I last blogged about The Help HERE and am finally getting around to reviewing the book.
In 1960s Jackson, Mississippi, an upper-class white woman, Eugenia (Skeeter) Phelan writes an anonymous tell-all book about what it is like working for white families from a black maid’s perspective.
The Help is well-written and interesting, although I don’t think it’s as great as the hype might lead you to believe. That isn’t a criticism of the author and doesn’t mean it’s a bad book; it’s an observation about how “best sellers” are rarely as great as rave reviews might lead you to believe.
The characters are engaging, and the topic is one that should be of concern. I like Aibileen, Minny and Skeeter and how working on Skeeter’s project brings them together and crosses class and race barriers. Aibileen is quiet and usually follows instructions without protest, but finally gets fed up with being viewed as inferior and stands up for herself. She does love the white children she has helped raise, and that paradox is interesting. Minny speaks her mind and it usually gets her into trouble, but she is more vulnerable underneath the smart-mouth exterior than she is able to admit. She works up the courage to leave an abusive marriage. Skeeter takes an honest look at the messed up superior attitude of the upper class and uses her desire to write to make an effort to improve things. I do kind of wonder if it would make a difference if it had been one of the maids who instigated writing Skeeter’s book, but the point is getting the issues out there and change can start with anyone. I dislike Hilly intensely; she is such a selfish, vindictive individual. However, she is not meant to be likable, and as Aibileen observes, she makes her own prison.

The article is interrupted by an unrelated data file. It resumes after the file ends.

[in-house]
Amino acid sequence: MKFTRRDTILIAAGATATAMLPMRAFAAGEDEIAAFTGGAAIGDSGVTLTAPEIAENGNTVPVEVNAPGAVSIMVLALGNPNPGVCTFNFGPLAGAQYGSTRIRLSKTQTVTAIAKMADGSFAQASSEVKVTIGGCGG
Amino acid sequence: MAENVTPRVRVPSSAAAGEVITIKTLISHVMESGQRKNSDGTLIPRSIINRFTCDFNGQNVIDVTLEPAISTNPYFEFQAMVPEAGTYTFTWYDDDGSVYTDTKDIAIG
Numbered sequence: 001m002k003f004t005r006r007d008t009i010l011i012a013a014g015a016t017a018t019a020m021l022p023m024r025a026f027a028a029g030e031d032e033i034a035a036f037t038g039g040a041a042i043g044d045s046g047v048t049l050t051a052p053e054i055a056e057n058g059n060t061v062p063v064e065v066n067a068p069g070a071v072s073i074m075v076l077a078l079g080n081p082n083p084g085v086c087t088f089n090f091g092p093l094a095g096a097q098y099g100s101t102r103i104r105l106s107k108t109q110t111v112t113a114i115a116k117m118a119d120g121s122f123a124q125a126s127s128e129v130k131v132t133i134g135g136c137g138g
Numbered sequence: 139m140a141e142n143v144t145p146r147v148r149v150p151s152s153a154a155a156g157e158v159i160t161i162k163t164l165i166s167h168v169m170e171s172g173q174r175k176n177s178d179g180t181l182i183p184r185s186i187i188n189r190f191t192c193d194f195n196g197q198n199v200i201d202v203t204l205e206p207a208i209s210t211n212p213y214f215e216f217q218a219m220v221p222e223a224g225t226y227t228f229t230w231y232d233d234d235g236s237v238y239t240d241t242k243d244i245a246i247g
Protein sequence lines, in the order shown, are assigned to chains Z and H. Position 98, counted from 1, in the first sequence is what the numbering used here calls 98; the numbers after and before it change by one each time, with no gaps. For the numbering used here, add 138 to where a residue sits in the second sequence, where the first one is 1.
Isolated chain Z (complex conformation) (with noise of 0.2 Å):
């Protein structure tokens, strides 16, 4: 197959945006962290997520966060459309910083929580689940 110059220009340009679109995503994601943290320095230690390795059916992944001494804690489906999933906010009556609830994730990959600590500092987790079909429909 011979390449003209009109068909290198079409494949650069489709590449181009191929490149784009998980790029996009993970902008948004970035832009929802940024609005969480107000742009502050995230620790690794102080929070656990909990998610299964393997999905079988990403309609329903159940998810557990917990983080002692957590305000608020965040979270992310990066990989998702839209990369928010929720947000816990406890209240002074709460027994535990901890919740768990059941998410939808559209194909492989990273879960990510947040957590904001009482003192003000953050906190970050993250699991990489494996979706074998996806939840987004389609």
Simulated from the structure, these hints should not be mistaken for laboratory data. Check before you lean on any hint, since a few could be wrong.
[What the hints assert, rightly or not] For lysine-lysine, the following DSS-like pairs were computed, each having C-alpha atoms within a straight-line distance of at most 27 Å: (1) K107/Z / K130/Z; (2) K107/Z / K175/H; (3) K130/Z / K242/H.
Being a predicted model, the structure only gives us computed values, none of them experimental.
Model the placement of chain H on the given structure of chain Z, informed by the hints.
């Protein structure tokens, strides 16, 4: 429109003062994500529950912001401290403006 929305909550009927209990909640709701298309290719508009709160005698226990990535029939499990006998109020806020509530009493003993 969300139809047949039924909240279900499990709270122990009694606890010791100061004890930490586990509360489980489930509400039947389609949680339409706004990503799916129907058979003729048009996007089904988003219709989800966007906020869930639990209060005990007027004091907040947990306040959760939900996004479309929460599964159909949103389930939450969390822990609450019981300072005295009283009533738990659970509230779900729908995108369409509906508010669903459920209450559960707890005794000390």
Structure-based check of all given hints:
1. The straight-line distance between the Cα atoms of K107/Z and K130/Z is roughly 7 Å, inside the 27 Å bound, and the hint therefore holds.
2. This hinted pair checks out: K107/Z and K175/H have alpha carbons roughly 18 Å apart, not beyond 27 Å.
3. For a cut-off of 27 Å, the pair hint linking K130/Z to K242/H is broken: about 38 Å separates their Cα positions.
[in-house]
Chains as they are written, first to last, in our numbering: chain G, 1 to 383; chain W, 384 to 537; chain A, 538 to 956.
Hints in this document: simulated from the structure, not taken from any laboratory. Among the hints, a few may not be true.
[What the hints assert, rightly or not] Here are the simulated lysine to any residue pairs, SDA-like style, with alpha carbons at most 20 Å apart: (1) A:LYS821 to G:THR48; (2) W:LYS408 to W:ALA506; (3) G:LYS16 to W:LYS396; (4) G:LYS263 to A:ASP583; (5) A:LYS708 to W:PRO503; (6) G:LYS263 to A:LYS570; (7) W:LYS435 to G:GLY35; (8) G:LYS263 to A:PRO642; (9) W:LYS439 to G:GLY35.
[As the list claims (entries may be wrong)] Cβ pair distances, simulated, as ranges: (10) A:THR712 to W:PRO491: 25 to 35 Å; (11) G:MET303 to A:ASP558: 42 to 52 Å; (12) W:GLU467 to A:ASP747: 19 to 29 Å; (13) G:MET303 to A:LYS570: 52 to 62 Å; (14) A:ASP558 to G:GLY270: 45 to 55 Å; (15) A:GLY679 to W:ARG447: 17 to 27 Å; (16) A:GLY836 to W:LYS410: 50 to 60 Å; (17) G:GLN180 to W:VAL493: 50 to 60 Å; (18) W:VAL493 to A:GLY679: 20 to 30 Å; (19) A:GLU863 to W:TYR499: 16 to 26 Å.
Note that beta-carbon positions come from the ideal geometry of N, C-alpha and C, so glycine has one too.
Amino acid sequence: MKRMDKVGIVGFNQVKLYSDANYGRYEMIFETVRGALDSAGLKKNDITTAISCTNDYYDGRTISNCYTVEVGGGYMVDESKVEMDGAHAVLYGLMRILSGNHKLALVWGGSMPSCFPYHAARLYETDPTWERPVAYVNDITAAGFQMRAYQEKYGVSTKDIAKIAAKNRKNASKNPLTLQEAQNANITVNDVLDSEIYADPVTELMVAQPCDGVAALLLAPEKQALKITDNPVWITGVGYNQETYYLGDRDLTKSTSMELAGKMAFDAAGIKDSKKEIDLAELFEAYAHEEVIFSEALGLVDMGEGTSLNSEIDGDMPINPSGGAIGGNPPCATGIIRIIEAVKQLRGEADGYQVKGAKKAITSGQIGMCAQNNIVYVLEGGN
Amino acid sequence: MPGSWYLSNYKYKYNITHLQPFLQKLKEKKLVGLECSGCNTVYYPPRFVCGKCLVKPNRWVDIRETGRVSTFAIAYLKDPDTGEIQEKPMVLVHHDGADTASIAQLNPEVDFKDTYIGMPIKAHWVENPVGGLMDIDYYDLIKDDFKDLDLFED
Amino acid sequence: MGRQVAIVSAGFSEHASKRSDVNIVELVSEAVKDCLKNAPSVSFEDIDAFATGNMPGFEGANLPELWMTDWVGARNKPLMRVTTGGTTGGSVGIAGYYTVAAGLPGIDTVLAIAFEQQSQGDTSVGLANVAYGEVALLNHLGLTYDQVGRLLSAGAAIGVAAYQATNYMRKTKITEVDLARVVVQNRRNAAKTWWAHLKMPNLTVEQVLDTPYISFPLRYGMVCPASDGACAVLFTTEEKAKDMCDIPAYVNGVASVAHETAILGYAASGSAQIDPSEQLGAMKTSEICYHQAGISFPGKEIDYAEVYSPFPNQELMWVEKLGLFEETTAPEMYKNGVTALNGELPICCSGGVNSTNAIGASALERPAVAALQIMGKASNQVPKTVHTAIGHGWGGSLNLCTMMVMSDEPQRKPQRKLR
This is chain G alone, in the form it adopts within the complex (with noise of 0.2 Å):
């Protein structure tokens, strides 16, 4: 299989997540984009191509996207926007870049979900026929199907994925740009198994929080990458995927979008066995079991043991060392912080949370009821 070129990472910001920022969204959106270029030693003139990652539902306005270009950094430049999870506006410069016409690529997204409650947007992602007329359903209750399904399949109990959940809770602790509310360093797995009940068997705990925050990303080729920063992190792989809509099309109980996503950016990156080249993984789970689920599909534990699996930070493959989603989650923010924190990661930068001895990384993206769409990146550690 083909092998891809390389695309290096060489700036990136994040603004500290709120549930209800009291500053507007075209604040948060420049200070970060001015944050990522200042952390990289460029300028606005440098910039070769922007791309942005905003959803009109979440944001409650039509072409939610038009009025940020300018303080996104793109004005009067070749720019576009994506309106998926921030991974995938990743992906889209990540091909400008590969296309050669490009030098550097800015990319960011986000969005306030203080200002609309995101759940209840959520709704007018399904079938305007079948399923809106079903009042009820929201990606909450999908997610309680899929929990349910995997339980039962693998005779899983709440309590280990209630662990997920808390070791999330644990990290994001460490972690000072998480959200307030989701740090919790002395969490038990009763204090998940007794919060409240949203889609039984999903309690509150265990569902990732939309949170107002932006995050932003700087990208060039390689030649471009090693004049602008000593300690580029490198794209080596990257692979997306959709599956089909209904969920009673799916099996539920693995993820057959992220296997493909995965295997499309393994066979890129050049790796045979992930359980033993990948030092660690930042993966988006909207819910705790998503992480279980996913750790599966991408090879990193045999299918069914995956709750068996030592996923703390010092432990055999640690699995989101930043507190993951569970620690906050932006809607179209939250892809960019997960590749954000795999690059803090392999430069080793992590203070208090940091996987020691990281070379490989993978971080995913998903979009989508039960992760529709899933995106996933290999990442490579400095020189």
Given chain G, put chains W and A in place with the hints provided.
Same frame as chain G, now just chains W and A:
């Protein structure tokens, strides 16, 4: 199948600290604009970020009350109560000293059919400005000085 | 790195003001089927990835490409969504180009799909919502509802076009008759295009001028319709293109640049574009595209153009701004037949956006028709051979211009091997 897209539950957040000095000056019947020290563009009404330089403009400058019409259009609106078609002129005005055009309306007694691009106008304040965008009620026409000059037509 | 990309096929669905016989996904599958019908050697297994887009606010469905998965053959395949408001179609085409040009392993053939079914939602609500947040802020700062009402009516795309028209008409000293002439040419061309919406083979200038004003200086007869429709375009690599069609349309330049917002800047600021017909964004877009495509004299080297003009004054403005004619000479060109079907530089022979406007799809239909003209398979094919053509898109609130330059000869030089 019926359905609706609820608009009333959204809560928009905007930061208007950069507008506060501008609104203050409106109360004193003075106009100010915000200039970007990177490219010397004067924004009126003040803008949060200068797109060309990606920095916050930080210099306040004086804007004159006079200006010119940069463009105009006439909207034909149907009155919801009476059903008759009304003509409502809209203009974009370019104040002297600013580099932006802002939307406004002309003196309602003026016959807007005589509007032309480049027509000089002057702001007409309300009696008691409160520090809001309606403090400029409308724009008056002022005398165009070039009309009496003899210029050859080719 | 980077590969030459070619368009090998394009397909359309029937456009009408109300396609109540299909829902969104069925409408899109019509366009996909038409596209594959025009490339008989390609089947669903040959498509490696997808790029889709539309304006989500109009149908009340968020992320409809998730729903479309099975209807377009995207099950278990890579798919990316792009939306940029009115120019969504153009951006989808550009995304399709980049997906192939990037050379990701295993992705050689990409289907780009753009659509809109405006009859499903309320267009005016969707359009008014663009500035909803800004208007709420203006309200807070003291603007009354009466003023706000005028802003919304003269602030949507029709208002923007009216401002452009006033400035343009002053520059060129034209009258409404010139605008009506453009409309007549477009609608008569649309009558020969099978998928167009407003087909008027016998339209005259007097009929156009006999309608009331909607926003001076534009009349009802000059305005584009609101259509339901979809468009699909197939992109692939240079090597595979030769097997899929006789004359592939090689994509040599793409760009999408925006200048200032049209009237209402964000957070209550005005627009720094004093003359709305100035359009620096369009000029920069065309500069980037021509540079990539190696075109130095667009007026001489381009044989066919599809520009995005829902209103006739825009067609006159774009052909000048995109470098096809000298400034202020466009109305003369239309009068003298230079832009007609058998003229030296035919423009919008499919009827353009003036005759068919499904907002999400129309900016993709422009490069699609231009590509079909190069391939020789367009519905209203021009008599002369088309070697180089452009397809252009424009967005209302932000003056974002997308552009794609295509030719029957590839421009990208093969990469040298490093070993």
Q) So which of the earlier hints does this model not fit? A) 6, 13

I think it’s important to keep in mind that, although class superiority, bigotry and racism existed (and still exist), this isn’t exclusive to the United States or the South, and blacks aren’t the only ones who have issues with being treated as inferior. People with superior attitudes based on social status or race exist in all cultures.
I like the author’s essay at the end of the book about her own memories growing up with a black maid caring for her also, and how she expresses gratitude for this person who was an important part of her childhood.
The Help is worth reading and thinking about.